2002 — Report of the Benzodiazepine Committee: Benzodiazepines should not be prescribed for more than 1 month for anxiety or more than 2–4 weeks for insomnia.
These are just a few examples of many world-wide efforts to reduce benzodiazepine prescribing. They have had remarkably little effect. I get e-mails, letters and phone calls almost every day from people all over North America, Europe and elsewhere who have been taking prescribed benzodiazepines for years and have run into problems with long-term effects and withdrawal (I will mention more about these in tomorrow's session).
Benzodiazepines are still universally prescribed long-term, in excessive dosage with little regard to equivalent potencies (which I will also mention tomorrow) and often inappropriately to people of all ages.
One unfortunate consequence of this overprescription is a spillover of benzodiazepines into the drug scene. Benzodiazepines are now commonly taken by abusers of illicit drugs and sometimes used as recreational drugs on their own, and sometimes taken by injection, carrying all the same risks as other injected illicit drugs including hepatitis, HIV and AIDS. For anyone who doubts the addictive potential of benzodiazepines, this slide is an illustration [SLIDE 8] — eye, temazepam (Restoril) + explanation.
In conclusion, what can we do to improve the present situation? I have time to mention only a few measures.
First, I think the medical profession needs to rethink its attitudes towards psychotropic drug prescribing in general. The mentality persists that there is a pill for every ill; that every life problem requires medical treatment. This attitude was kick-started by the advent of benzodiazepines, naively thought at the time to be safe and non-addictive and so benign that they could with impunity be added to every household's drinking water, thereby improving everyone's quality of life. We need instead to turn our attention beyond the idea of drugs as cures for mental disease and look more at promoting basic and creative research towards causes and prevention.
At the same time, we should perhaps train more clinical psychologists to vigorously test and improve non-drug or psychological therapies, particularly for anxiety disorders and depression.
Secondly, we should somehow separate the pharmaceutical industry from health care policies. The interests of health and those of drug companies are not the same, and at present money, not science, is driving pharmacology. A U.K. government health committee heard evidence this year that industry-sponsored clinical drug trials are specifically designed to show new drugs in the best light, that negative trial results and adverse drug reactions are suppressed (as recently shown with heart disease associated with the anti-inflammatory drugs Vioxx and Celebrex, and suicides associated with SSRIs, and also long ago with epileptic fits caused by benzodiazepine withdrawal), and that selective publication strategies, ghost writing of articles and financial sponsoring of doctors for meetings are widespread practices.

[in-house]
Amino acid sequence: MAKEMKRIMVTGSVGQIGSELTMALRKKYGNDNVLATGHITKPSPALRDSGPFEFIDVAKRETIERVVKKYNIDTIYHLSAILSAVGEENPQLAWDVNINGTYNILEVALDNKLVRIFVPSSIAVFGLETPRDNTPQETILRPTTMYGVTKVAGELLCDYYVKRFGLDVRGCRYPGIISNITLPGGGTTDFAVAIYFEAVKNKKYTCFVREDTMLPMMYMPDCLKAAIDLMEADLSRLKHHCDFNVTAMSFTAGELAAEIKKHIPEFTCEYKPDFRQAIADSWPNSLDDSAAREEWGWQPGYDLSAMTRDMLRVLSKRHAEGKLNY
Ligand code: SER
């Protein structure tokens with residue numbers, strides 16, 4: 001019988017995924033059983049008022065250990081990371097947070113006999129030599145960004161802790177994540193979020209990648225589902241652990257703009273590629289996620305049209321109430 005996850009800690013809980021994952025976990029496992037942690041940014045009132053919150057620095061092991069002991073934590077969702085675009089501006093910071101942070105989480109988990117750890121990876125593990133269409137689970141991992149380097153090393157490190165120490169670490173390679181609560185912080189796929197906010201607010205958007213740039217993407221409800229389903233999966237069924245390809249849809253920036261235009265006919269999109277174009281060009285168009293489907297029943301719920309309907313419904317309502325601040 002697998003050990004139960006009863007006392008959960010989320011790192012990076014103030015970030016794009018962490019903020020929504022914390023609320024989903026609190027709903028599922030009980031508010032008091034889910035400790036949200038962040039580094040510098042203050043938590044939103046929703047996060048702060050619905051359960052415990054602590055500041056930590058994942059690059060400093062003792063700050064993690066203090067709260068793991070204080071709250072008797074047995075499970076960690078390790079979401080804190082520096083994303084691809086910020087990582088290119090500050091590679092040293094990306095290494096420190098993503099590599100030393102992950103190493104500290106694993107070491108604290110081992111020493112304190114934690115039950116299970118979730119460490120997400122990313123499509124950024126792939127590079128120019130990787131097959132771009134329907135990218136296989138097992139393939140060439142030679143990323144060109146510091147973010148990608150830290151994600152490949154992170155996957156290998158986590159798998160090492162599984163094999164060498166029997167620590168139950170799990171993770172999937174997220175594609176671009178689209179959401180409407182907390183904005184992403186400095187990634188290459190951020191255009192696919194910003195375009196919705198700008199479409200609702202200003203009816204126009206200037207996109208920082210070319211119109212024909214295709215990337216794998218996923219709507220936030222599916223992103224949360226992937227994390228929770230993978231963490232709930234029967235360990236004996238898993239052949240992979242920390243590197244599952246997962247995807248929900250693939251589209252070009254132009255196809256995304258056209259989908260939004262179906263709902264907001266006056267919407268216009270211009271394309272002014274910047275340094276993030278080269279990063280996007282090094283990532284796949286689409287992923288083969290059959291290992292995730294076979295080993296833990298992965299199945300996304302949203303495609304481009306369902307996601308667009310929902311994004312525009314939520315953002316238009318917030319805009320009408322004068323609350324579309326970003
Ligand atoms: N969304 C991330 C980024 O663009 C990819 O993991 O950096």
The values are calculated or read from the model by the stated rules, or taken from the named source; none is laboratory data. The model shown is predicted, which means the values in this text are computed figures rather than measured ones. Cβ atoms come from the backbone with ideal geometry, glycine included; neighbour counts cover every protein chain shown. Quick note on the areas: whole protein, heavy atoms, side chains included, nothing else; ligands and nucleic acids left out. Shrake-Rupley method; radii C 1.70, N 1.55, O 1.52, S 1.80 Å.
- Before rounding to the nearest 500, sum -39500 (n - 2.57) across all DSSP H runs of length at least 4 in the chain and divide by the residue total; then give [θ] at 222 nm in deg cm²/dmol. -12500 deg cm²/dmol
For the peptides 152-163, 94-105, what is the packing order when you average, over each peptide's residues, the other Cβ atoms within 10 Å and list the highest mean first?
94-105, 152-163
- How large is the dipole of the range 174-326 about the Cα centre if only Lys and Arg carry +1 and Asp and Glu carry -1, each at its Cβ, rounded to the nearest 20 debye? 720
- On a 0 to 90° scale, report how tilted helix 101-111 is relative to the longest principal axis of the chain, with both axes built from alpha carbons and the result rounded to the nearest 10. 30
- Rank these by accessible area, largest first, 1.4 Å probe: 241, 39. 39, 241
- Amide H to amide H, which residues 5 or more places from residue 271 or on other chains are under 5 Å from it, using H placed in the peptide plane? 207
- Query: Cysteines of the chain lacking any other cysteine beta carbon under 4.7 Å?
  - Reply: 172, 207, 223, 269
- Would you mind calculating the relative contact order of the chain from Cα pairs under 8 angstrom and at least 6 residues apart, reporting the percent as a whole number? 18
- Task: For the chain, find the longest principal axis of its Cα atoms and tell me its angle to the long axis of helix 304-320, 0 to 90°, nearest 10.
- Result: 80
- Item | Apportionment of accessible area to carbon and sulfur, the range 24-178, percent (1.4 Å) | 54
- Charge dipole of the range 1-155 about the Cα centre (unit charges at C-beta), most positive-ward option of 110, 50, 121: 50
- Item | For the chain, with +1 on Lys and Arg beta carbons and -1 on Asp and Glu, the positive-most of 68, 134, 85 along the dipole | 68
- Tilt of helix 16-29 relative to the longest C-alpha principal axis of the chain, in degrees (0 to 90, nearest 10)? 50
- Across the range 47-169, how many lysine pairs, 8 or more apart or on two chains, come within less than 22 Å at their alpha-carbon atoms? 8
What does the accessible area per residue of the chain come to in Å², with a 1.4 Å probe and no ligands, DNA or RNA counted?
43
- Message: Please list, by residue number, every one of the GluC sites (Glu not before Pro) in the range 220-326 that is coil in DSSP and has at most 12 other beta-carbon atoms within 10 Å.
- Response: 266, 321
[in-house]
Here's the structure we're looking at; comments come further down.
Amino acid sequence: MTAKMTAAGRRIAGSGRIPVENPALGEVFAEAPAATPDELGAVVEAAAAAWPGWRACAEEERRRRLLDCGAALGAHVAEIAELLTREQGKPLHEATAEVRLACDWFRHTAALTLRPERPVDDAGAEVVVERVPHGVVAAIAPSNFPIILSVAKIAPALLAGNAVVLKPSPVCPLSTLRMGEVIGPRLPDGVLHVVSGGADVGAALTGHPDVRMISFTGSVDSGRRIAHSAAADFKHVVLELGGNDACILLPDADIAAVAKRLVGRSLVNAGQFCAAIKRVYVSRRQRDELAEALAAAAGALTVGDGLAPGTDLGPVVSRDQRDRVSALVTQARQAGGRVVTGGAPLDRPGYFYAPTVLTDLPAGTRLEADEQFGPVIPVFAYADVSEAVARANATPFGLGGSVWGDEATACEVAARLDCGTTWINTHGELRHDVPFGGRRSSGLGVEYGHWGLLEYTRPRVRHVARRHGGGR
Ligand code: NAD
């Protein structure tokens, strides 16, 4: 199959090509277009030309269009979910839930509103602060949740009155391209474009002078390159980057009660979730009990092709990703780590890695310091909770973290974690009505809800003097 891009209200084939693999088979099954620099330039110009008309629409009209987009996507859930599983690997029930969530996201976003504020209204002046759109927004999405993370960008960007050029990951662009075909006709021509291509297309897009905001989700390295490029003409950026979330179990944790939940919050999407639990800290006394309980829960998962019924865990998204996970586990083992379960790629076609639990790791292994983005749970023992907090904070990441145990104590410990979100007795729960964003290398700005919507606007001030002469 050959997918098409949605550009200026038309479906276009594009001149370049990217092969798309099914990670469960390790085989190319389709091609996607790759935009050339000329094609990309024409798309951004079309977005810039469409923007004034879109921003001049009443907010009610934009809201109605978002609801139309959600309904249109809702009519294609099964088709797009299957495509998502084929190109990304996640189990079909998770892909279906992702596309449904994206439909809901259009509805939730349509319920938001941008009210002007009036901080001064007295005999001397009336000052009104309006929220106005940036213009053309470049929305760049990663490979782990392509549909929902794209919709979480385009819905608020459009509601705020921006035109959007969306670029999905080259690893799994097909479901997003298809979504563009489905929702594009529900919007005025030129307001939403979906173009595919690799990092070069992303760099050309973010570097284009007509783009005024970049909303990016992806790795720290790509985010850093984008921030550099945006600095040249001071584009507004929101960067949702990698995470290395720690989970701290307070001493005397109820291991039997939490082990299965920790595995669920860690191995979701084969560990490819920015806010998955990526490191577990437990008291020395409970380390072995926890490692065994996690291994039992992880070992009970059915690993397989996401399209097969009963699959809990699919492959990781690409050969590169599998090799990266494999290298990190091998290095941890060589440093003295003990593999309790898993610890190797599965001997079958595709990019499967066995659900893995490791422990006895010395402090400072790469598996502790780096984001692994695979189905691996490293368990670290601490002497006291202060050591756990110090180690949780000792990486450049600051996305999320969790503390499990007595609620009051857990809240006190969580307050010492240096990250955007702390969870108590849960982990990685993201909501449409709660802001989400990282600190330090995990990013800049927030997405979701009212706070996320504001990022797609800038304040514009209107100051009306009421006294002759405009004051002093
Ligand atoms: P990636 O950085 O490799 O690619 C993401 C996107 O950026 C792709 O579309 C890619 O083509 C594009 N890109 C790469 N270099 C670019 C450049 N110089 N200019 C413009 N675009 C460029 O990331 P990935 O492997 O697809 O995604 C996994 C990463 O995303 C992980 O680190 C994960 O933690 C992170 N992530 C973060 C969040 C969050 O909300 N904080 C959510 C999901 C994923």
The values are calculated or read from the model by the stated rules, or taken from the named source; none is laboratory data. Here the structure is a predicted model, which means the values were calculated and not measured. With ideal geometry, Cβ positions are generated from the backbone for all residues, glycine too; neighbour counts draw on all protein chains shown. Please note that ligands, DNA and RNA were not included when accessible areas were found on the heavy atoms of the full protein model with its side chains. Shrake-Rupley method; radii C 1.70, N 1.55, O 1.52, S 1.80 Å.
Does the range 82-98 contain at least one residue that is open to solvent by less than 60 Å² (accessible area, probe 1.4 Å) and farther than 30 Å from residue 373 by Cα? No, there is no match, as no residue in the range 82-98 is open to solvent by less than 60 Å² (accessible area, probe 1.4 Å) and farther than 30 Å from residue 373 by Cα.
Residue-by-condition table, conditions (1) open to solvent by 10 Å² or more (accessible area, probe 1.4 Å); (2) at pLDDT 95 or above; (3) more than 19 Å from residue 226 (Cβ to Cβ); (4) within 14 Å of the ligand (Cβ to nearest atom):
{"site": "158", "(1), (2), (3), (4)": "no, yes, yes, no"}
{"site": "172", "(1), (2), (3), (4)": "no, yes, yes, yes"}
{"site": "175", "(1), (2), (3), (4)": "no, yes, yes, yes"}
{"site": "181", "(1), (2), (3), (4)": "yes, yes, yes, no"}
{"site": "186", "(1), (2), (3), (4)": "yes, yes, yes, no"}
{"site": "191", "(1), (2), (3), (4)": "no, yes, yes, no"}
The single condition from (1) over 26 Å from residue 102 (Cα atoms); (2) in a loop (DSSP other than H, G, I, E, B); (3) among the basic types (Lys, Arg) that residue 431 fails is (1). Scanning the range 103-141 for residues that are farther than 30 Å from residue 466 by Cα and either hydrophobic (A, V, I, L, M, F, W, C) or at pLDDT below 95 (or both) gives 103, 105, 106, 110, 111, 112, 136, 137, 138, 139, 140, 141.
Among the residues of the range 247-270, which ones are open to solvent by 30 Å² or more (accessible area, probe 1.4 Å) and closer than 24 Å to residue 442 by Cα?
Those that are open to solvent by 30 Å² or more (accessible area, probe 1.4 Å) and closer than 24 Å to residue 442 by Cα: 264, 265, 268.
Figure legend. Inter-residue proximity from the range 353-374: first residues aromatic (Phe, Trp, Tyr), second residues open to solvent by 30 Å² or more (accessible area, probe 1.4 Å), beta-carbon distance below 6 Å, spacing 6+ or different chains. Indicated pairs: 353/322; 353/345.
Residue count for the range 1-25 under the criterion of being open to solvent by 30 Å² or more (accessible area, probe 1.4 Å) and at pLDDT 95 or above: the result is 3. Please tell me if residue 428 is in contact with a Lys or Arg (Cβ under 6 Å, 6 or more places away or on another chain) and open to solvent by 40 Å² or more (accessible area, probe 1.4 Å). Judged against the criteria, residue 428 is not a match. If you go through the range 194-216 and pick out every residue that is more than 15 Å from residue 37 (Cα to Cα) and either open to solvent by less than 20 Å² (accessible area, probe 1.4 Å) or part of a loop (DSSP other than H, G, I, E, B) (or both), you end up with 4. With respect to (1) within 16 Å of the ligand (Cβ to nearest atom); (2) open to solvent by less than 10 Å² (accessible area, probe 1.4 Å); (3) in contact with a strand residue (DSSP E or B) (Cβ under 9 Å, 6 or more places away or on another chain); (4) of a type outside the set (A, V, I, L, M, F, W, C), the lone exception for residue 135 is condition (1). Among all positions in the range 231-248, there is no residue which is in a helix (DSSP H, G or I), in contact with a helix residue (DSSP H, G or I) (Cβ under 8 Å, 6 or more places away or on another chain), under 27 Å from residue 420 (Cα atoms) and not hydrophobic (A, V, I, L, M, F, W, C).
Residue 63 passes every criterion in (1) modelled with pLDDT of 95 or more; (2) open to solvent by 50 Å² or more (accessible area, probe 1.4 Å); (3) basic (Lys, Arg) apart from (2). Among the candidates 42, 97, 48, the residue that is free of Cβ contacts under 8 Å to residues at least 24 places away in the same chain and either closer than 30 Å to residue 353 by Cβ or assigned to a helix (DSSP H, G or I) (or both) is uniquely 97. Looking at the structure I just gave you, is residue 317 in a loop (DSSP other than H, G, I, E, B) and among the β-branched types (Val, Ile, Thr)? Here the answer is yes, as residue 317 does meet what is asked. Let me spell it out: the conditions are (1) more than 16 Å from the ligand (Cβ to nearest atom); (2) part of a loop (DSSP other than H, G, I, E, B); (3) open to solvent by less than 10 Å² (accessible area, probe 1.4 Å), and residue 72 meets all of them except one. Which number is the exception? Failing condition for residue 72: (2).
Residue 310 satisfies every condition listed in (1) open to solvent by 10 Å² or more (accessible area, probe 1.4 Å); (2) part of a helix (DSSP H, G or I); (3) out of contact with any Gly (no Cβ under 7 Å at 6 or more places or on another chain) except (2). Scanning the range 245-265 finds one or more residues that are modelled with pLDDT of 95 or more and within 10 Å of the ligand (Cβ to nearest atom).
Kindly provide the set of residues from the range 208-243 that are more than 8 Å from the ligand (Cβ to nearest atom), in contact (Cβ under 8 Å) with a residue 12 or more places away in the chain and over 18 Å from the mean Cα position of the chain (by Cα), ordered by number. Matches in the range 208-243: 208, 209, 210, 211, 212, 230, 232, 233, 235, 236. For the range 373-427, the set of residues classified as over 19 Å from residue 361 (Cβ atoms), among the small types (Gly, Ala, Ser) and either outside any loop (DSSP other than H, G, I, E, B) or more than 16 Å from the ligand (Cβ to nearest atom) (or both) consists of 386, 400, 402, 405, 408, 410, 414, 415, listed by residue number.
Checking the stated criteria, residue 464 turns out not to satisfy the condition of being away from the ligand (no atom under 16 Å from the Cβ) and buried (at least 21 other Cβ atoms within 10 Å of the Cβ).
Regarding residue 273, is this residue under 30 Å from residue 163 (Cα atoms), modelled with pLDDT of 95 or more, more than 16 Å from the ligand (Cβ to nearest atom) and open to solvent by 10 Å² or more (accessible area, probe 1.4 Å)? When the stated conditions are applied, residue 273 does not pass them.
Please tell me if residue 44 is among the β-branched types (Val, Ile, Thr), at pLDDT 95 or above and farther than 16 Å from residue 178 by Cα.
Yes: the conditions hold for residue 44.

Yet of course we rely on drug companies as the only ones with enough funds to carry out large drug trials, and we must acknowledge the benefits they have bestowed on medicine with the discovery of new and often life-saving drugs. So we must devise policies that mutually benefit both the industry and the public health. I don't know what the situation is in the U.S. but one suggestion in the U.K. is to move drug company sponsorship to the Department of Trade and Industry (at present it is under the Department of Health, including the licensing of new drugs under the MHRA and to preserve the Health Department solely for public health matters.
Thirdly, we should keep up the pressure on governments and health authorities to publicise what we see and hear every day — as indeed we are doing at this conference. We should continue to educate doctors, pharmacists, nurses, health practitioners of all kinds as well as the public to stick to the international guidelines for short-term only use of benzodiazepines. We should also campaign for better facilities such as support groups and withdrawal clinics for the thousands of people already damaged by thoughtless and profligate prescribing of benzodiazepines.
We have been slow to confront these issues and too few have taken up the cause. But, in the often quoted words of the anthropologist Margaret Mead:
…a small group of thoughtful citizens can change the world. Indeed, it is the only thing that ever has. So we must keep on trying.
Copyright © Prof. C. Heather Ashton, DM, FRCP, Emeritus Professor of Clinical Psycho-Pharmacology at the University of Newcastle upon Tyne, England.
Updated May 29, 2018